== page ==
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Clinical Rheumatology

, 28:553 | Cite as

To compare the efficacy and safety of nifedipine sustained release with Ginkgo biloba extract to treat patients with primary Raynaud’s phenomenon in South Korea; Korean Raynaud study (KOARA study)

  • Whan-Seok Choi
  • Chang-Jin Choi
  • Kyung-Soo Kim
  • Jae-Ho Lee
  • Chan-Hee Song
  • Ju-Hye Chung
  • Sun-Myeoung Ock
  • Jung-Bok Lee
  • Chul-Min Kim
Open Access
Original Article

Abstract

This study examined the efficacy and safety of nifedipine sustained release (nifedipine SR) compared with Ginkgo biloba extract as treatment for primary Raynaud’s phenomenon (RP) in Korea. Primary RP were screened and assigned to either the nifedipine SR group (Group N) or the Ginkgo biloba extract group (Group G) in the ratio of 2:1. After a run-in period of 2 weeks, patients received treatment for 8 weeks. We observed the percent improvement of the RP attack rate between before and after the 8-week treatment. Ninety-three subjects were randomly assigned. The percent improvement in Group N was 50.1% at 8 weeks after treatment, while it was 31.0% in Group G (p = 0.03). No serious adverse events occurred, and almost adverse events were mild and improved without specific treatment. nifedipine SR was more effective than Ginkgo biloba extract for treatment of primary RP in Korean patients. Both drugs were tolerable with primary RP patients.

Keywords

Ginkgo Ginkgo biloba extract Nifedipine Nifedipine sustained release Primary Raynaud’s phenomenon Raynaud’s phenomenon 

Introduction

Raynaud’s phenomenon (RP) was named after Dr. Maurice Raynaud, who found a condition in which people exposed to cold or emotional stress experienced clearly distinguished skin-color changes in their hands in 1862 [1]. This phenomenon, in its early stage, involves a condition that makes hands become white or blue due to excessive vasoconstriction when people are exposed to cold or emotional stress. Subsequently, their finger color changes to red by vasodilation, which is accompanied with itching or pain. RP occurs in two forms: secondary Raynaud’s phenomenon where there is an associated disorder like a connective tissue disease and primary RP where there is not [2].

The prevalence of RP varies by gender, country and exposure to workplace vibration. One large US cohort study found symptoms in 9.6% of women and 8.1% of men, of whom 81% had primary RP [3]. According to population based surveys of various ethnic groups, the prevalence of unusual sensitive to cold on fingers is 12%, RP in the healthy population is 3% to 5% [3]. Also, the prevalence of RP is reported 9.5% in labor group [4], in women 15.6–30% [5, 6], and 11–21% in general practice setting [7]; 70–89% of RP is Primary Raynaud’s phenomenon of unknown origin [2, 8]. Thus, the exact prevalence of primary RP is unknown, but primary RP is a common clinical disorder, especially in general practice setting.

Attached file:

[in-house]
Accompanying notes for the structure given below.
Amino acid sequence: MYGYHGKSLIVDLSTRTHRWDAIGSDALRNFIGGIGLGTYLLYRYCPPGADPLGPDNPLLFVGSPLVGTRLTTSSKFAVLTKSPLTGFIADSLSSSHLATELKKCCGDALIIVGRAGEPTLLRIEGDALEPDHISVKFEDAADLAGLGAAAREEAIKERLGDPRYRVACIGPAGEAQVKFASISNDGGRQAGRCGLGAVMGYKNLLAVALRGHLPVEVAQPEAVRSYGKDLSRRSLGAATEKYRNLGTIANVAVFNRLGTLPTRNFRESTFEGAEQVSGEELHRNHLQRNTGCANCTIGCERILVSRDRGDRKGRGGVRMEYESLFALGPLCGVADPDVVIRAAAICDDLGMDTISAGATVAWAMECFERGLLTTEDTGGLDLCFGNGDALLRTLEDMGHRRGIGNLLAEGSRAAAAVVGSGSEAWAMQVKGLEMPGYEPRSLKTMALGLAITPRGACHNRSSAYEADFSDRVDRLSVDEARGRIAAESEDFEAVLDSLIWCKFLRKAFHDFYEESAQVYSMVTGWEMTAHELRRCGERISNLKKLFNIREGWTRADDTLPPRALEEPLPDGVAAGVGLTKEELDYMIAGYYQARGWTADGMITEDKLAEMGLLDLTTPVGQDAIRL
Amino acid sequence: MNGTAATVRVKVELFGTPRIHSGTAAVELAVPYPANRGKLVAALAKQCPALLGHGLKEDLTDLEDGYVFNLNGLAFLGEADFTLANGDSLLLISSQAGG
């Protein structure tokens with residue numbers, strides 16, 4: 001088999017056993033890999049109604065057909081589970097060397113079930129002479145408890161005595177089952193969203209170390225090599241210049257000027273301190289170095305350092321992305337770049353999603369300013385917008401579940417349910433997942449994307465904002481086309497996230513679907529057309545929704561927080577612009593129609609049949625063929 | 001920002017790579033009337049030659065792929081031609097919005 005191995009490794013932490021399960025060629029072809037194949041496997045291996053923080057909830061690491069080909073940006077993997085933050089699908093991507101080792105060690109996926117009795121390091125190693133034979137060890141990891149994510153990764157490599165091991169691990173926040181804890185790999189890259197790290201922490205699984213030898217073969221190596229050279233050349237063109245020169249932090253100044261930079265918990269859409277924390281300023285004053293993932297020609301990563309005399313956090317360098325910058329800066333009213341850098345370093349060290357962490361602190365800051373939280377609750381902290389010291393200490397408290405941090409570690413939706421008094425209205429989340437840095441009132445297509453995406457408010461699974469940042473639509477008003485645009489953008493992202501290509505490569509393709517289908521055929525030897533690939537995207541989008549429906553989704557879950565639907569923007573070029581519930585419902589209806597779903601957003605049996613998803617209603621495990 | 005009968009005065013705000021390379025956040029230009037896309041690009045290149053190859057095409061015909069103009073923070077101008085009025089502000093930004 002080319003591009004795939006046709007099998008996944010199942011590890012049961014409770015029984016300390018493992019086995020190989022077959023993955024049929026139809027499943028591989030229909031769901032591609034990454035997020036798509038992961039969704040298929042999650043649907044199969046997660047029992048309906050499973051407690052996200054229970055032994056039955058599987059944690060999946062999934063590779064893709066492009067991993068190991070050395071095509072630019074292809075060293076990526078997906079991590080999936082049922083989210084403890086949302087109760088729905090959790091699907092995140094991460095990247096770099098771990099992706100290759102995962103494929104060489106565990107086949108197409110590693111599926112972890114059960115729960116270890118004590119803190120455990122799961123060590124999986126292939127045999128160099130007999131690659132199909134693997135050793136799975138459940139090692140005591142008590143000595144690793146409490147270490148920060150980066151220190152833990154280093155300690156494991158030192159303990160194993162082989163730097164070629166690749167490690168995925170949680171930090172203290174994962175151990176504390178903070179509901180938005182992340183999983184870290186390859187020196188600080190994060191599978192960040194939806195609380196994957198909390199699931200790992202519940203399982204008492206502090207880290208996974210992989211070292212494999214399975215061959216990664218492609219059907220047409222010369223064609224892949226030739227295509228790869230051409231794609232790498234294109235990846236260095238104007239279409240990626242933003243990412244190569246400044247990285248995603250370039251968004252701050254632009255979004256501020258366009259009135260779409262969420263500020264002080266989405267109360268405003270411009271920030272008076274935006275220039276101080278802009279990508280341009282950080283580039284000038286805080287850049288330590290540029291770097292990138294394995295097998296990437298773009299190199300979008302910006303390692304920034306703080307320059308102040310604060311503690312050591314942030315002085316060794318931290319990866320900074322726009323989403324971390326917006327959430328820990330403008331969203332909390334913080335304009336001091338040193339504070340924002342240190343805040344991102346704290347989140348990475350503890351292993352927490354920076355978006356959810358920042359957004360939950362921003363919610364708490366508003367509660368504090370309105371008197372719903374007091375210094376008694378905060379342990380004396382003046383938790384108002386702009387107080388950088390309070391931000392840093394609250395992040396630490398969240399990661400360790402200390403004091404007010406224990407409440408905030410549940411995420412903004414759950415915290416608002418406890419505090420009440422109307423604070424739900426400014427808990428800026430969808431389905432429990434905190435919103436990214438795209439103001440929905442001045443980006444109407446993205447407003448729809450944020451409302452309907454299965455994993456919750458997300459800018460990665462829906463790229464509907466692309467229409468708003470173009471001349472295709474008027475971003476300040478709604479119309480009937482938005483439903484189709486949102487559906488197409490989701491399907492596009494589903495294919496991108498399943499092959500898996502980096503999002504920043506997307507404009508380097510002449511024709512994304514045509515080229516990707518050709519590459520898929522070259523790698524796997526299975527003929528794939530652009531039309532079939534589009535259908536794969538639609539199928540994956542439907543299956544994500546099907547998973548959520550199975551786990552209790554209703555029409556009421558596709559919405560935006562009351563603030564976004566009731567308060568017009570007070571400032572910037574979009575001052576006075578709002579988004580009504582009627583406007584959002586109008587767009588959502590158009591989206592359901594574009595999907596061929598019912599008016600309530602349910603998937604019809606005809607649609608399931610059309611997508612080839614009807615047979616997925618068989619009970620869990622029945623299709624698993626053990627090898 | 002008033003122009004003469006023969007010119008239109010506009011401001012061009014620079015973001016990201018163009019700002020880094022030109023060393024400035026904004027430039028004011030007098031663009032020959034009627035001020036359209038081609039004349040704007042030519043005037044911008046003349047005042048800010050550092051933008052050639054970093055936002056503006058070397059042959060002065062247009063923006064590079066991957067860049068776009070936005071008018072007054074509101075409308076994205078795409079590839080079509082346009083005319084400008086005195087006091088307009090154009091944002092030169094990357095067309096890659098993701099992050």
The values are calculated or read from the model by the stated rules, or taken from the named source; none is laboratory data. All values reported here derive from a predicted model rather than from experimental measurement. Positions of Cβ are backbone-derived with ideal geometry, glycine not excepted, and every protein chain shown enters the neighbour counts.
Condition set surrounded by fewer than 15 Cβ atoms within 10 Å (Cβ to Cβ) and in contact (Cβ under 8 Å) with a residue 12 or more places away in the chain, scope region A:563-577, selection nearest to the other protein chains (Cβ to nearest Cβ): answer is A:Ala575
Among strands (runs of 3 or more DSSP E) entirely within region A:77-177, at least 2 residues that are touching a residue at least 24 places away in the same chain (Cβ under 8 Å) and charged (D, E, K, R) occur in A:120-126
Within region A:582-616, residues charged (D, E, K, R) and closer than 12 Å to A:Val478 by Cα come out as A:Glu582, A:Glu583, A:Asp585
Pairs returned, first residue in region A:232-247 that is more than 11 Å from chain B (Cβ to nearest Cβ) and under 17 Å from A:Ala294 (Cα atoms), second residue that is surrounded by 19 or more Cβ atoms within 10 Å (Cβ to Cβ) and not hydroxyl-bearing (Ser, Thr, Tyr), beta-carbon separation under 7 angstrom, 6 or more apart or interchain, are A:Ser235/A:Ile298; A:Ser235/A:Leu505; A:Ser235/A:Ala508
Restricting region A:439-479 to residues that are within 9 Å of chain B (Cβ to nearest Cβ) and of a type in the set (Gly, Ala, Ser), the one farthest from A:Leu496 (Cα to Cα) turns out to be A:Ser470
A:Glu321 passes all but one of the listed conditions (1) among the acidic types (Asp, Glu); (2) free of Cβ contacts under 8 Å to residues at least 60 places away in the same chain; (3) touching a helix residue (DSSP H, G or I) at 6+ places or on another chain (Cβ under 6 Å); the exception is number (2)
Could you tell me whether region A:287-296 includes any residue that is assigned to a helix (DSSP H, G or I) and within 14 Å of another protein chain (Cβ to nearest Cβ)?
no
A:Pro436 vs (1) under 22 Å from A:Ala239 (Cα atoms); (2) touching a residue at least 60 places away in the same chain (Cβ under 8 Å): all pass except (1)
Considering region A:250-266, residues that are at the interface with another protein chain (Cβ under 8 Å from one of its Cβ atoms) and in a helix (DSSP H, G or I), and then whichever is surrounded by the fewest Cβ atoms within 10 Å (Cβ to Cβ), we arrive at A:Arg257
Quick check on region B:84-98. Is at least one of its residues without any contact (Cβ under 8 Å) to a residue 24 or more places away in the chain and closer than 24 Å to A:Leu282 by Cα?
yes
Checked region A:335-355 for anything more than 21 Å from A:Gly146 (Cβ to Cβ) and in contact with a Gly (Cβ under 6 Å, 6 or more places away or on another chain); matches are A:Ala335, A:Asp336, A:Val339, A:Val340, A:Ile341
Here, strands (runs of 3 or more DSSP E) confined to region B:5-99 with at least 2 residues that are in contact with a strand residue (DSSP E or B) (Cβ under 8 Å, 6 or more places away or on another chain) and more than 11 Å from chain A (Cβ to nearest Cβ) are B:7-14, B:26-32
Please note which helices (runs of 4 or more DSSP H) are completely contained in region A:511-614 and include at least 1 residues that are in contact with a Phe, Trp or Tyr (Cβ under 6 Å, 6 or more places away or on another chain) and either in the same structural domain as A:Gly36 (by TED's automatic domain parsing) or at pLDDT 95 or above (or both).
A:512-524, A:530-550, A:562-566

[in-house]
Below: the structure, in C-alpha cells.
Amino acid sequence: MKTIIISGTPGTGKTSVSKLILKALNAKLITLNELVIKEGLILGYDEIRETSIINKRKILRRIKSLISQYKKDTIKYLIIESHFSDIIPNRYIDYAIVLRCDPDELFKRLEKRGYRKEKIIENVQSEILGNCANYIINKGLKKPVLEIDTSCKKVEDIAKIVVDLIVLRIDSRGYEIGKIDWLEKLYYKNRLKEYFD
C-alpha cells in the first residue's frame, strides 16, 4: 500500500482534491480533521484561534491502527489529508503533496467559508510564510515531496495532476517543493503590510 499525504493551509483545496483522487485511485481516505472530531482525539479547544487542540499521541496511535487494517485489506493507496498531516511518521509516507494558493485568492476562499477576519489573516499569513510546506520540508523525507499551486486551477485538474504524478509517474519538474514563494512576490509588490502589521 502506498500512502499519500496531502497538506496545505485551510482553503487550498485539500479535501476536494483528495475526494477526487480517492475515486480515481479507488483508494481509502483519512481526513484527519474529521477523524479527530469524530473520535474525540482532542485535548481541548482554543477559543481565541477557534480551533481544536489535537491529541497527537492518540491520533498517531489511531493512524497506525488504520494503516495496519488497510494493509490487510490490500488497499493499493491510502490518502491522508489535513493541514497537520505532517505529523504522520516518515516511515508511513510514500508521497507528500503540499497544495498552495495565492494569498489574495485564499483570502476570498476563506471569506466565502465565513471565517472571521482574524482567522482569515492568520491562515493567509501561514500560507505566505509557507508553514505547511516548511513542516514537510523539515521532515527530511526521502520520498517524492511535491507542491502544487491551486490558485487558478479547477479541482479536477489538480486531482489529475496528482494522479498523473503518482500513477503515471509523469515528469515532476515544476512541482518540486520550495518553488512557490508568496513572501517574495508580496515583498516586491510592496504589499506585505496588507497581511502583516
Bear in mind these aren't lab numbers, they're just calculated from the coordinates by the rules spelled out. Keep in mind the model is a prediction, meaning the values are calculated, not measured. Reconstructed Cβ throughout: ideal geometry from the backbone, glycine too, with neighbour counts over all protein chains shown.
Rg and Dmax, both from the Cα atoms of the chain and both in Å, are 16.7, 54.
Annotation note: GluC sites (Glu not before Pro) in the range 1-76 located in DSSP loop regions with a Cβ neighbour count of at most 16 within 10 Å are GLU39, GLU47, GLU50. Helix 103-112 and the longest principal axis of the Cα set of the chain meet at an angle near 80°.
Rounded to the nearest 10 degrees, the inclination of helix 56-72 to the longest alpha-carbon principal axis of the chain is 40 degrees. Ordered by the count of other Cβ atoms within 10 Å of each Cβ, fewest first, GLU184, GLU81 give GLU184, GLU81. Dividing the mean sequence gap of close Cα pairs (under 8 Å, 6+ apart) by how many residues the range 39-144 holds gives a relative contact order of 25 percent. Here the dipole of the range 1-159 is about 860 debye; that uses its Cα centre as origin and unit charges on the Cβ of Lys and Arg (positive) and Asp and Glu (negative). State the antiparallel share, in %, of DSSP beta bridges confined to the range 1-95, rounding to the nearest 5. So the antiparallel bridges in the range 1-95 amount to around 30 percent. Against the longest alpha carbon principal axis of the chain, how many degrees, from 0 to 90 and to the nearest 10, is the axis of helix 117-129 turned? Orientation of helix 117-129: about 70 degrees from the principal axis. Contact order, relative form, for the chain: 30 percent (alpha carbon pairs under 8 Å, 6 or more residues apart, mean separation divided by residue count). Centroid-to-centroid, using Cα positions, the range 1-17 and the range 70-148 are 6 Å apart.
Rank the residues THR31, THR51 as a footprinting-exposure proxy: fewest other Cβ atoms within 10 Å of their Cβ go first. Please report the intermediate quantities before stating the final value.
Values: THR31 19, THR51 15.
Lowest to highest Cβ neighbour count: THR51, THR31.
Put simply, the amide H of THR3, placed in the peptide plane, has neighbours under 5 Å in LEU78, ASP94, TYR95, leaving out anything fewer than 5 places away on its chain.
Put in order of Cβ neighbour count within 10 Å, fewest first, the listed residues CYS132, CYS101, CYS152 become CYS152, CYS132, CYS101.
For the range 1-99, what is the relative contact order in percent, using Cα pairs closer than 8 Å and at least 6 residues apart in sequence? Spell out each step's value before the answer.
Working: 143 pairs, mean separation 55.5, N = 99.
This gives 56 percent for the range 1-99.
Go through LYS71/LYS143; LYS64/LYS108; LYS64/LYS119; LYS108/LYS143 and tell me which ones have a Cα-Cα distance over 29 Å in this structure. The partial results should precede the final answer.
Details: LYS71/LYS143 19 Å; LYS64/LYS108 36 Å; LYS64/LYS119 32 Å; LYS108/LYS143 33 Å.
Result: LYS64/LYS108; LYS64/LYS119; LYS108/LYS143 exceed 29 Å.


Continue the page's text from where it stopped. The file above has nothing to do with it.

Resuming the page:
In South Korea, we demonstrated 43% patients with abnormal cold sensation on hands or feet had RP, and primary RP was 73% out of RP in our previous study [9].

Calcium channel blockers (CCBs) are the most widely used agents for pharmacological treatment of RP [2, 10]. Among CCBs, only use of nifedipine was approved for treatment of the disease in South Korea. There have been many randomized controlled trials of treatment of primary and secondary RP. However, there has been no clinical study for primary RP in South Korean patients. Also, 83% of primary RP patients in South Korea usually have taken Ginkgo biloba for treatment RP; otherwise, only 5% patients have taken CCBs for RP [9]. Furthermore, many general practitioners in South Korea also have prescribed Ginkgo biloba for RP (52%) [11].

Ginkgo biloba extract has been used in oriental medicine at least since the fourteenth century. It is reputed anecdotally to be potent in circulatory disorder such as intermittent claudication [12].

We examined the efficacy and safety of nifedipine sustained release (nifedipine SR) compared with Ginkgo biloba extract to treat patients with primary RP.

Materials and methods

This study was a multicenter, open randomized, flexible dose clinical trial. The subjects in this study were selected from the Catholic University affiliated to St. Mary’s Hospitals in South Korea. This study was conducted from December to next March when was winter season in Korea. The average atmospheric temperatures were −1.3°C in December, −6.0°C in January, −5.1°C in February, and −0.2°C in March. Primary RP patients were given a screening number at Visit 1 (2 weeks), and they were randomly assigned to either nifedipine SR group (Group N) or ginkgo biloba extract group (Group G) in the ratio of 2:1 at Visit 2 (0 week).

To determine whether subjects had RP, they were asked the following questions: (1) Are your fingers unusually sensitive to cold? (2) Do your fingers change color when exposed to cold? (3) Do they turn white, blue, or both? Subjects who answered ‘Yes’ to all three questions were diagnosed as having RP [2, 3] if a subject had normal antinuclear antibody and normal erythrocyte sedimentation rate, then the subject was diagnosed and enrolled with primary RP [3].